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Resolving access control ambiguity in WordPress

Vasyl MartyniukFundamentalsAbout 2 min

Access control ambiguity is a common challenge faced by WordPress websites with intricate content structures or multi-role setup. This issue arises when it becomes unclear which users should have access to specific content or resources due to complex taxonomy arrangements or conflicting role permissions. In this article, we will explore this problem in depth and provide solutions to effectively manage access control ambiguity.

Understanding the issue

To illustrate the issue of access control ambiguity, let's consider a scenario involving a WordPress website with a custom post type called "Recipe". These recipes are organized into custom taxonomies such as "Types", "Courses", and "Tags". By default, the website owner may want to restrict access to all recipes, allowing only users belonging to the "Paid Members" role to view them. However, there is one exception: recipes tagged as "Free Recipe" should be accessible to all users.

In such cases, administrators often rely on the "Posts & Terms" service to configure access controls. They may set the default access to all recipes and then override the access controls for recipes tagged as "Free Recipe". However, a common issue arises: despite following these steps, most tagged recipes remain inaccessible to users. This is because many recipes are associated with multiple terms (e.g., "Breakfast" and "Vegan" or "Snack" and "Dry Food"). Since the default access control is set at the post type level (Recipe), all associated terms and recipes inherit these default controls.

The dilemma

When a user attempts to access a recipe, the Advanced Access Manager (AAM) plugin faces a dilemma caused by access control ambiguity. For example, a term like "Breakfast" might deny access to related recipes, while the "Free Recipe" tag allows access. In this situation, AAM follows the principle of least privilege, which means it denies access. This inconsistency frustrates users and makes content management more complex.

Access control ambiguity can also arise in multi-role setups. A single user may belong to two or more roles, where one role grants access to a particular resource while another denies it. Once again, this leads to uncertainty and confusion in determining the user's actual access rights.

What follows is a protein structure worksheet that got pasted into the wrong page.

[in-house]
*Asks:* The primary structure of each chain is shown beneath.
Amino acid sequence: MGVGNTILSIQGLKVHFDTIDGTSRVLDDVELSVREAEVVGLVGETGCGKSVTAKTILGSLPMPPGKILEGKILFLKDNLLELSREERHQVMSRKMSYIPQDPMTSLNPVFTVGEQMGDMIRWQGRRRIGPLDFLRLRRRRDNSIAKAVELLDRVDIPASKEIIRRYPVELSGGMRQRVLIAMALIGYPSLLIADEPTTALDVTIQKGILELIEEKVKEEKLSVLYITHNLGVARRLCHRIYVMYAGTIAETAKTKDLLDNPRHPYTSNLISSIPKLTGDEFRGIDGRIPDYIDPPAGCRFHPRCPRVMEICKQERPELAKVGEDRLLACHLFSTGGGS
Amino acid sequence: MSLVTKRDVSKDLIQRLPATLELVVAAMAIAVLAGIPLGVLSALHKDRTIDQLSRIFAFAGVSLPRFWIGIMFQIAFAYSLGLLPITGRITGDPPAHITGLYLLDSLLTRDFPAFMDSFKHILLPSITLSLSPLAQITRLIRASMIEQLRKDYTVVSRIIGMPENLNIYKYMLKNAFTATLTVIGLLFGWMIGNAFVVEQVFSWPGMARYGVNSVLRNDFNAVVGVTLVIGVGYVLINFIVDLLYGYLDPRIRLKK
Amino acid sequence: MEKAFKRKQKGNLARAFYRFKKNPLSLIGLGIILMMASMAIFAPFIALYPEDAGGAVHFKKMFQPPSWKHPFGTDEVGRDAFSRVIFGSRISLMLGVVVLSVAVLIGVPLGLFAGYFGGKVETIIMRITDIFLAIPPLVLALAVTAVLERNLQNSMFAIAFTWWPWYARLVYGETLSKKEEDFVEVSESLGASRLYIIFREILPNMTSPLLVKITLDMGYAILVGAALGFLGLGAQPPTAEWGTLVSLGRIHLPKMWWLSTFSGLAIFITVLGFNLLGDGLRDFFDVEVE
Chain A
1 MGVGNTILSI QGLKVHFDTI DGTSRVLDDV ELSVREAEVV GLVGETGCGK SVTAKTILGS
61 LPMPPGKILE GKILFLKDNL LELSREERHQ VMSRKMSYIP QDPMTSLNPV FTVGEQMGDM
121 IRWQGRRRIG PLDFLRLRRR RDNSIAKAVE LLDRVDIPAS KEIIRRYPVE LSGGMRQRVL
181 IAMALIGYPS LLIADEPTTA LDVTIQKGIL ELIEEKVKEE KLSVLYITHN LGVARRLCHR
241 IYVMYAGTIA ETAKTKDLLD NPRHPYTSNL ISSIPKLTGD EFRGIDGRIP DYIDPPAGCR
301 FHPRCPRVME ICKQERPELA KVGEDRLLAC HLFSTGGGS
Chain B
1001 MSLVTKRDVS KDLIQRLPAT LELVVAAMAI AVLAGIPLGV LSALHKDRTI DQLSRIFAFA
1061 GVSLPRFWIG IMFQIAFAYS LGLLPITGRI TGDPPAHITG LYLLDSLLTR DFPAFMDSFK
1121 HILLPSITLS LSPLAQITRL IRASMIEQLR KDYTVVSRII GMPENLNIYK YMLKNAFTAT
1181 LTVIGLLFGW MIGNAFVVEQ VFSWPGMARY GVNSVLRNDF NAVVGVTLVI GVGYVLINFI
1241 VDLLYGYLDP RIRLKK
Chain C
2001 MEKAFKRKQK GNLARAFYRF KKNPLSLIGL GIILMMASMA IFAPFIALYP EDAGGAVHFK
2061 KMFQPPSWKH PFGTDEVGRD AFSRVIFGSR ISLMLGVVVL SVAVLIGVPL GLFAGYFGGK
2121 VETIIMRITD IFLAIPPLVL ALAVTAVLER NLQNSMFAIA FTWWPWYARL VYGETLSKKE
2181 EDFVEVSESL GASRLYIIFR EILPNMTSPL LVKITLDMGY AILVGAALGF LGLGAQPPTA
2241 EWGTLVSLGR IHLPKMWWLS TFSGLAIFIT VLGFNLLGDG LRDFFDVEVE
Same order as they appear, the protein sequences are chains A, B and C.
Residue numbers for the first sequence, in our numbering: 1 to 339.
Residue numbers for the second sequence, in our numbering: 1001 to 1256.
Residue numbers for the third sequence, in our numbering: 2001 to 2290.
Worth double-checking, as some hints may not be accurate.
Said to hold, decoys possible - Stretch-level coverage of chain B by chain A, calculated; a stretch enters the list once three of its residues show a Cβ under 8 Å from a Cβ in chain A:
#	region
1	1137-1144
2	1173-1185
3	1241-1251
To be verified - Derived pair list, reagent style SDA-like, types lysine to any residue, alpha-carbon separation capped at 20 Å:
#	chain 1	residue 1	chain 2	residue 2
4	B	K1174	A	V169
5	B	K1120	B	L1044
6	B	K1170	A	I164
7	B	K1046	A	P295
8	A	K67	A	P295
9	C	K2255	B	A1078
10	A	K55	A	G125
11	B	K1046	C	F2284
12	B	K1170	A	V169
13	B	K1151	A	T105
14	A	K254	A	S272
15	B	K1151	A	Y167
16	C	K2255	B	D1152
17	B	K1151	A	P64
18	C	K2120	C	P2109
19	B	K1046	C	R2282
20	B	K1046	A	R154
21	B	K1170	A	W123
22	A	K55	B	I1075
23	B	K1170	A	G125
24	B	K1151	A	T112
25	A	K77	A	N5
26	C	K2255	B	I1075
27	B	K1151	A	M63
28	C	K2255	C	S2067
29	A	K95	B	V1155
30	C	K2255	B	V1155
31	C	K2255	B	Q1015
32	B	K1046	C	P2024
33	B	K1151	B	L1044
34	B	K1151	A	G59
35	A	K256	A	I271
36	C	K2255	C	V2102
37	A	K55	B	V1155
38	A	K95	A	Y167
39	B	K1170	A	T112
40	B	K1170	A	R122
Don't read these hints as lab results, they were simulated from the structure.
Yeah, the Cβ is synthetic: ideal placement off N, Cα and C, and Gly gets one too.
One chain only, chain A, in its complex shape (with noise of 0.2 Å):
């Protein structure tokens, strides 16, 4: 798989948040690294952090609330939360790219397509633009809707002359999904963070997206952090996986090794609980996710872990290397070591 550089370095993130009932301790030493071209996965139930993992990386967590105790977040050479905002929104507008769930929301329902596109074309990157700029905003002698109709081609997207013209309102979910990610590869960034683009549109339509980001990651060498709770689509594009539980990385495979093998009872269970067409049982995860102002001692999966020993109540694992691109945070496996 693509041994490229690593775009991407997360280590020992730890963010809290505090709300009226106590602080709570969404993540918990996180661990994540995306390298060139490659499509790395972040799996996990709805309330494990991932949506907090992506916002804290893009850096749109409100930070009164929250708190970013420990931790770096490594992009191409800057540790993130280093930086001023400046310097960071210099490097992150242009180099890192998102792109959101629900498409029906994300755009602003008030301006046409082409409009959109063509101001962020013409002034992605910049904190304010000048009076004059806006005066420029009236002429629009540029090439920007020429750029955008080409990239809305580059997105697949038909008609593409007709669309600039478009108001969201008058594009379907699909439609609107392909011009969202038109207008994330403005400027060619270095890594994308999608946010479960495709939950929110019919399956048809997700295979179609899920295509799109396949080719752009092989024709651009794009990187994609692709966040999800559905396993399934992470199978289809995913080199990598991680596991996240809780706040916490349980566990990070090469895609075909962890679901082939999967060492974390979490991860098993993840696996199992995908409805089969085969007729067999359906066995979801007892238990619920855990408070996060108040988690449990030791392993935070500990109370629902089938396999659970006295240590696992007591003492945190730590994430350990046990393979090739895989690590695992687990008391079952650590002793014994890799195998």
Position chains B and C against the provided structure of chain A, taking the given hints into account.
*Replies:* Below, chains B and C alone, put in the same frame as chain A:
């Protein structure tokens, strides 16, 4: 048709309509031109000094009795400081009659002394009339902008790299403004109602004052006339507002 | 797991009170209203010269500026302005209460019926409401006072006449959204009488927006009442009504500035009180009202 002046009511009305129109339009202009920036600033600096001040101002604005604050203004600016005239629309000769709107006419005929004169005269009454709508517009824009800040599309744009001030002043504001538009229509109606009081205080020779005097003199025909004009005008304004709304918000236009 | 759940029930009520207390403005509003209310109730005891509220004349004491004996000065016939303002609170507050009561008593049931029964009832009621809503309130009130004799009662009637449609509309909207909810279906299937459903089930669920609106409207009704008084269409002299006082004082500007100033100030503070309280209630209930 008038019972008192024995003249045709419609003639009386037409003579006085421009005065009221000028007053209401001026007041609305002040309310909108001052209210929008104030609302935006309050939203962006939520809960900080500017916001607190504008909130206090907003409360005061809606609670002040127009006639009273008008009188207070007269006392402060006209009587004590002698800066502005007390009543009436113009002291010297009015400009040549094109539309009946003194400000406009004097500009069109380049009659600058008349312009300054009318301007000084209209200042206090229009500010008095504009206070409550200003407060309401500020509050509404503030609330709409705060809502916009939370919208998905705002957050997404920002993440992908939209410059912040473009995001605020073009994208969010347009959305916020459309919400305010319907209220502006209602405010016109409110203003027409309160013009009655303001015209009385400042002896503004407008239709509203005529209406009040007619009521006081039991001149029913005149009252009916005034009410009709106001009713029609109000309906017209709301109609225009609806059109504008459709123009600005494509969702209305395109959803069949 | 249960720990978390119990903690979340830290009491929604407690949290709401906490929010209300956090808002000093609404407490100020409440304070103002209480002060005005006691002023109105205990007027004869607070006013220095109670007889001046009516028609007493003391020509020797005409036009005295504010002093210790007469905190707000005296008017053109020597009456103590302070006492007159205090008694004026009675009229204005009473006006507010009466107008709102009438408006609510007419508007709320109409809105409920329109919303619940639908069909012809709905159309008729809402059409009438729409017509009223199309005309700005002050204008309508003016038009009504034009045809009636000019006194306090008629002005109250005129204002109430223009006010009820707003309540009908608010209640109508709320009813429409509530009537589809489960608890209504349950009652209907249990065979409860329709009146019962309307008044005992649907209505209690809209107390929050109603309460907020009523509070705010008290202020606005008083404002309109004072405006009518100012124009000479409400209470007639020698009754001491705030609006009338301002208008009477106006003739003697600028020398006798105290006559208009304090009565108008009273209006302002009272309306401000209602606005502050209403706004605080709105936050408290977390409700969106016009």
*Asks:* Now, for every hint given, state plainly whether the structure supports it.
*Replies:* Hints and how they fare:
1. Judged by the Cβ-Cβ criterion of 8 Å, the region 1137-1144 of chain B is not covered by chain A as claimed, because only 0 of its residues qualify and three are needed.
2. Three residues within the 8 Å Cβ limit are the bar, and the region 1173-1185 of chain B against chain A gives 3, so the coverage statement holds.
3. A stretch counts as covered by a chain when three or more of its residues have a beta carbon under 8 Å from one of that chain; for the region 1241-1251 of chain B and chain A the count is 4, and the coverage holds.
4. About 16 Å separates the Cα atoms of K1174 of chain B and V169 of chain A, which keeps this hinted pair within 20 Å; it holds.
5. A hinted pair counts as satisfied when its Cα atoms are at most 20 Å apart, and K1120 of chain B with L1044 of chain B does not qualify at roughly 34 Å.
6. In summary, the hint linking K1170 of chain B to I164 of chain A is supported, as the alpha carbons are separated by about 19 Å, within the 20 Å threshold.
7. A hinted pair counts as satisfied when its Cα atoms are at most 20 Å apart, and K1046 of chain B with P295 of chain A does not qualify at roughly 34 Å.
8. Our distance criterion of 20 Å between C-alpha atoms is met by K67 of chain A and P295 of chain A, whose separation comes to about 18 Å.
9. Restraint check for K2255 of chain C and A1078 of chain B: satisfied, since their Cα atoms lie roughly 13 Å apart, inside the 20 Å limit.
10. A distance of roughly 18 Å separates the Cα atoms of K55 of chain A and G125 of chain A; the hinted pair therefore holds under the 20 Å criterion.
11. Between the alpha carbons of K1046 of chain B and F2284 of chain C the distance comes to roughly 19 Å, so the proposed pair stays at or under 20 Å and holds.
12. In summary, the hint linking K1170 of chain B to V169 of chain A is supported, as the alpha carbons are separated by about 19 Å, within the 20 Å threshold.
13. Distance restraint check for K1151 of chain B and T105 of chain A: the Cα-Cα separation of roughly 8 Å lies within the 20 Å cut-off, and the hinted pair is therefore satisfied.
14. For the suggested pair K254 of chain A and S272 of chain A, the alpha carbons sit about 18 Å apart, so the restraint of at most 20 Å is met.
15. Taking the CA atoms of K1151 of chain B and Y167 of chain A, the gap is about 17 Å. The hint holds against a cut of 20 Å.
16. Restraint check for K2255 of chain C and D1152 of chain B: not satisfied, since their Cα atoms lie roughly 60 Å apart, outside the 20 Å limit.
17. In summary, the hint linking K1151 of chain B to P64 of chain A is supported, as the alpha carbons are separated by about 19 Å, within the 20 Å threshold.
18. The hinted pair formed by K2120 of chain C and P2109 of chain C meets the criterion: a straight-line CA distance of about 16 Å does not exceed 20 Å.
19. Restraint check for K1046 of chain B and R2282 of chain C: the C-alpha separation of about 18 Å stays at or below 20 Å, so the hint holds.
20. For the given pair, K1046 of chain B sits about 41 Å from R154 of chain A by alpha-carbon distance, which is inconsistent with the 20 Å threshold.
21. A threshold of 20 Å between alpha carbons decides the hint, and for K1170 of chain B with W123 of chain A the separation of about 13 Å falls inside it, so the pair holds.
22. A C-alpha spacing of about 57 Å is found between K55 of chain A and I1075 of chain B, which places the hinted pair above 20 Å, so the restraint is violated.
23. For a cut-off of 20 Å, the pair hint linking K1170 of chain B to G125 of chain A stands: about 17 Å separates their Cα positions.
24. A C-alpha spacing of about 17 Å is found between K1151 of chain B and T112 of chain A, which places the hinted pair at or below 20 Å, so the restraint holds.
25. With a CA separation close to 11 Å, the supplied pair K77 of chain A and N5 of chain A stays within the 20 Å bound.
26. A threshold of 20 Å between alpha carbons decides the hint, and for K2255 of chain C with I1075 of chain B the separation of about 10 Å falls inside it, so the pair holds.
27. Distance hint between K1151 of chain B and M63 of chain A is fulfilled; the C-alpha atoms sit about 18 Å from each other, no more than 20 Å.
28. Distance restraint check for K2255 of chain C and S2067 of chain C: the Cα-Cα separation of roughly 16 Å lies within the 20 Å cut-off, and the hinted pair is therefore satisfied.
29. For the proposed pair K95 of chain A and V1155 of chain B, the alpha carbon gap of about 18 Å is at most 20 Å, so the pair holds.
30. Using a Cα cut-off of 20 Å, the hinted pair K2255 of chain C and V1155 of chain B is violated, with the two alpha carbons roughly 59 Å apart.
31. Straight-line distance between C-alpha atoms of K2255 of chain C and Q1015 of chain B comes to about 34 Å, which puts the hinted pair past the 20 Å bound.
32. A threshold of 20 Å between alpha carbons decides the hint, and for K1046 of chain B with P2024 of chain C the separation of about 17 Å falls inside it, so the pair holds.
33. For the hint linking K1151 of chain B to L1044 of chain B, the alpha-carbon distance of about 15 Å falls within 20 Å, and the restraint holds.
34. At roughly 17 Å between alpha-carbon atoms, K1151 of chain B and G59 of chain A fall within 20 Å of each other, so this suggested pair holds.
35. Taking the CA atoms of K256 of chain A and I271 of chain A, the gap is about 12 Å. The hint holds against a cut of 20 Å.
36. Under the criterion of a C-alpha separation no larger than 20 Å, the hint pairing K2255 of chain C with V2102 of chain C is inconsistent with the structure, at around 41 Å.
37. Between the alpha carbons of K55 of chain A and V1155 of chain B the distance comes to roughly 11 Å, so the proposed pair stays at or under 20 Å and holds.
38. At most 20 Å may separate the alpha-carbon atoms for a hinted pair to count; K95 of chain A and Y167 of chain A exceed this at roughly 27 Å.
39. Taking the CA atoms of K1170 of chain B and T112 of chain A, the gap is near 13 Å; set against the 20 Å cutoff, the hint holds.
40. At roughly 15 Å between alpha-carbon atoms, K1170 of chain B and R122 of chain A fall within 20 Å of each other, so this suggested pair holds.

Fortunately, there are solutions to address access control ambiguity in WordPress websites with complex content structures or multi-role setups. The easiest way to override the default access controls merging preference is to change the "Default Access Settings Merging Preference" option to "Allow". You can find it on the AAM "Settings" page under the "Core Settings".

However, if you need more granular control over how particular access controls should be merged, you'd need to utilize "ConfigPress". You can find the "ConfigPress" tab on the AAM "Settings" page.

With "ConfigPress", you can override default behaviors and configure access control with precision for each resource type. Here's how:

  • Identify Resource Types. Start by identifying the specific resource types, such as custom post types or taxonomies, that are affected by access control ambiguity.

  • Access Control Customization. Access the "ConfigPress" tab and customize access controls for each identified resource type. This allows you to define clear and unambiguous permissions, ensuring that users can access content based on your desired criteria.

; Manage access preference to the Backend Menu = "allow"

; Manage access preference to the Top Admin Toolbar
core.settings.toolbar.merge.preference = "allow"

; Manage access preference to the Metaboxes & Widgets
core.settings.metabox.merge.preference = "allow"

; Manage access preference to posts, pages, media and any individual custom post type = "allow"

; Manage access preference to terms
core.settings.term.merge.preference = "allow"

; Manage access preference to any post type like Posts, Pages, Products etc
core.settings.type.merge.preference = "allow"

; Manage access preference to any taxonomy object
core.settings.taxonomy.merge.preference = "allow"

; Manage access preference to URI Access
core.settings.uri.merge.preference = "allow"
  • Testing and Monitoring. After configuring access controls, thoroughly test your website to ensure that the intended access restrictions and permissions are in place. Regularly monitor user interactions to catch any anomalies or unexpected behavior.


Access control ambiguity can pose significant challenges for WordPress websites with intricate content structures or multi-role setups. However, by understanding the nature of the issue and leveraging tools like "ConfigPress", you can effectively manage access control and provide a seamless user experience. Clear and well-defined access controls not only enhance security but also ensure that users can access the content they need without confusion or frustration.